References/Related ArticlesMore information about the program is available at: http://cathedralsquare.org/future-sash.php.
A case study of the program is available at: http://www.ltqa.org/wp-content/themes/ltqaMain/custom/images//Innovative-Communities-Report-Final-0216111.pdf (If you don't have the software to open this PDF, download free Adobe Acrobat Reader® software .).
To learn more about aging in place and other aging issues, see: http://www.n4a.org/index.cfm.
Contact the InnovatorNancy Rockett Eldridge
Cathedral Square Corporation
412 Farrell Street
South Burlington, VT 05403
Phone: (802) 863-6566
Fax: (802) 863-6661
ResultsIn a pilot test with 65 residents, the program reduced hospital admissions and readmissions, decreased falls, improved nutritional status, and increased levels of physical activity among residents.
Moderate: The evidence consists of pre- and post-implementation comparisons of inpatient admissions, readmissions, falls, nutritional status, and physical activity levels among 65 residents participating in a year-long pilot test of the program.
- Fewer admissions and readmissions: During the first year after implementation, inpatient admissions among the 65 residents fell by 19 percent (21 admissions the year before implementation, 17 admissions a year later). In addition, no resident discharged from the hospital during the year after implementation was readmitted and there were no bounce backs to nursing homes.
- Fewer falls: The number of residents experiencing falls declined by 22 percent in the first year after implementation (30 resident falls the year before implementation, 16 resident falls a year later).
- Better nutritional status, more physical activity: The number of residents at moderate nutritional risk fell by 19 percentage points (46 at-risk residents the year before implementation, 34 a year later) while the number of physically inactive residents fell by 10 percentage points during the first year after implementation.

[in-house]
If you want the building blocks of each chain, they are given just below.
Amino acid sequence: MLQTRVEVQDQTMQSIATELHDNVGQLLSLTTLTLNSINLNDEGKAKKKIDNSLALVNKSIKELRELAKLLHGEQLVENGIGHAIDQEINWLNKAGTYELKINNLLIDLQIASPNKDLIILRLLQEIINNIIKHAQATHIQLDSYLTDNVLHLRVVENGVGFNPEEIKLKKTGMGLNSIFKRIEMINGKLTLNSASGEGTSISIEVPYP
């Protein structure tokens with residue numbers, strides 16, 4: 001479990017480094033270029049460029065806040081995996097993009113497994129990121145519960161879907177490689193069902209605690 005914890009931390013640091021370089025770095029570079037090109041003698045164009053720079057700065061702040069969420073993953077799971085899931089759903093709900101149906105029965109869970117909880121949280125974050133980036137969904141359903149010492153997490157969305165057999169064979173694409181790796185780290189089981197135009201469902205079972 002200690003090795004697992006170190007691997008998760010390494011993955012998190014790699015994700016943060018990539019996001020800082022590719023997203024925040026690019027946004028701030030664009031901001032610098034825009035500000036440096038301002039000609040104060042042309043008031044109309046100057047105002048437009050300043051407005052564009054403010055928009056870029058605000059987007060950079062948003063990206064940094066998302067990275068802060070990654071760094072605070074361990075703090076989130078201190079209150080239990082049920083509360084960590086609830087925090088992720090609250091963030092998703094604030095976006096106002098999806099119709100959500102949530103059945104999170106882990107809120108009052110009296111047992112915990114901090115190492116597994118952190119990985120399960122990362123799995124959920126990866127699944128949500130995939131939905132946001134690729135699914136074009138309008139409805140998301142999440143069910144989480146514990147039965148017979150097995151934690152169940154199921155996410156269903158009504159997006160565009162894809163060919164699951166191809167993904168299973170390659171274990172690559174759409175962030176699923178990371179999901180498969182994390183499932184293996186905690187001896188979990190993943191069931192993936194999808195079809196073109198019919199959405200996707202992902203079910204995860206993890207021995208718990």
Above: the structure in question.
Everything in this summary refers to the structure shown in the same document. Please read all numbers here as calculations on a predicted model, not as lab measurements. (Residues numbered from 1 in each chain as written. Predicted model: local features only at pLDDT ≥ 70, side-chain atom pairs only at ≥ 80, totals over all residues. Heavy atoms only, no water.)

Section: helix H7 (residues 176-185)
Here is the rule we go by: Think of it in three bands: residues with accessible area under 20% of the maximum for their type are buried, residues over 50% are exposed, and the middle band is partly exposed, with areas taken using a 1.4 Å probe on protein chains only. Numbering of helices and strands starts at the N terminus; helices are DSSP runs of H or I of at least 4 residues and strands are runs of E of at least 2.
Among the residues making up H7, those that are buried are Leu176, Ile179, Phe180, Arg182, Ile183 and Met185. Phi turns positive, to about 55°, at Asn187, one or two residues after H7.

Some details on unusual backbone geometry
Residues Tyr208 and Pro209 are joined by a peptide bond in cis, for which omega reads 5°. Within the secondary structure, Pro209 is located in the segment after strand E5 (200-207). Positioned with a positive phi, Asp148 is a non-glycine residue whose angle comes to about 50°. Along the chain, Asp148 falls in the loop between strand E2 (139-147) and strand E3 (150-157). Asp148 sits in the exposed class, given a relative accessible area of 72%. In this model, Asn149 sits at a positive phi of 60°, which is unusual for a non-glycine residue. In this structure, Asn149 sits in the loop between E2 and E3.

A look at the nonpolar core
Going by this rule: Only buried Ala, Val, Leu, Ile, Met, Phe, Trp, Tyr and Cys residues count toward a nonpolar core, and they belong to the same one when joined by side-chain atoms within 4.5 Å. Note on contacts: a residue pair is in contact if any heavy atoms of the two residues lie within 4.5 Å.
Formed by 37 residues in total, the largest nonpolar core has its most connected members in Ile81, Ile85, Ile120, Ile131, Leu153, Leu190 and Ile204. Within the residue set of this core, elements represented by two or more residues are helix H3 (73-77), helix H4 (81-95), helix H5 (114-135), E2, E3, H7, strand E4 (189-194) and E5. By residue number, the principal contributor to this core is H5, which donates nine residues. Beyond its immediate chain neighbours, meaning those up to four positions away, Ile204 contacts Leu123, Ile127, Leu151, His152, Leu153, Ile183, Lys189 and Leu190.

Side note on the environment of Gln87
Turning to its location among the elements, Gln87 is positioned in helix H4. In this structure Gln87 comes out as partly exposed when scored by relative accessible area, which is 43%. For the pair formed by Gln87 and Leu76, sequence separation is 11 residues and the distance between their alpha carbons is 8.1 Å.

Context of the InnovationFounded as a ministry of the Cathedral Church of St. Paul in 1977, Cathedral Square Corporation is a nonprofit organization that owns and manages properties for seniors and individuals with special needs. In 2005, Cathedral Square leaders began working with other Vermont housing providers, state legislators, and LeadingAge (formerly the American Association of Homes and Services for the Aging) to develop a model to allow employees of nonprofit housing organizations and public housing authorities to help residents access needed medical and social services without becoming trained medical providers. To that end, the nonprofit's leaders obtained funding to design, test, and refine a "housing with services" model program. (See the Planning and Development Section below for more details.)
Planning and Development ProcessKey steps included the following:
- Identifying problem: As noted in the Problem Addressed section, Cathedral Square conducted resident assessments in several buildings that identified many residents with cognitive issues, complex medication regimens, and other issues that put them at risk of falls, inpatient admissions, and other acute problems.
- Networking with partner organizations: Cathedral Square leaders networked with other housing providers and stakeholders to identify ways that providers of affordable housing could support the health and safety of residents. Partner organizations included those providing acute care, long-term care, affordable housing, and mental health services. Additional partners from academic institutions also contributed to the model design.
- Obtaining funds and designing model: In addition to its own contributions to program development, Cathedral Square applied for funding to design and pilot test a housing-with-services model program. They obtained funds from the Vermont legislature, the Vermont Health Foundation, and the MacArthur Foundation to work with partner organizations to design and test a model that would reduce avoidable costs to Medicaid and Medicare, provide essential services to housing residents who wanted to age in place, and be replicable elsewhere. Partners included five nonprofit and public housing providers representing all regions of the state.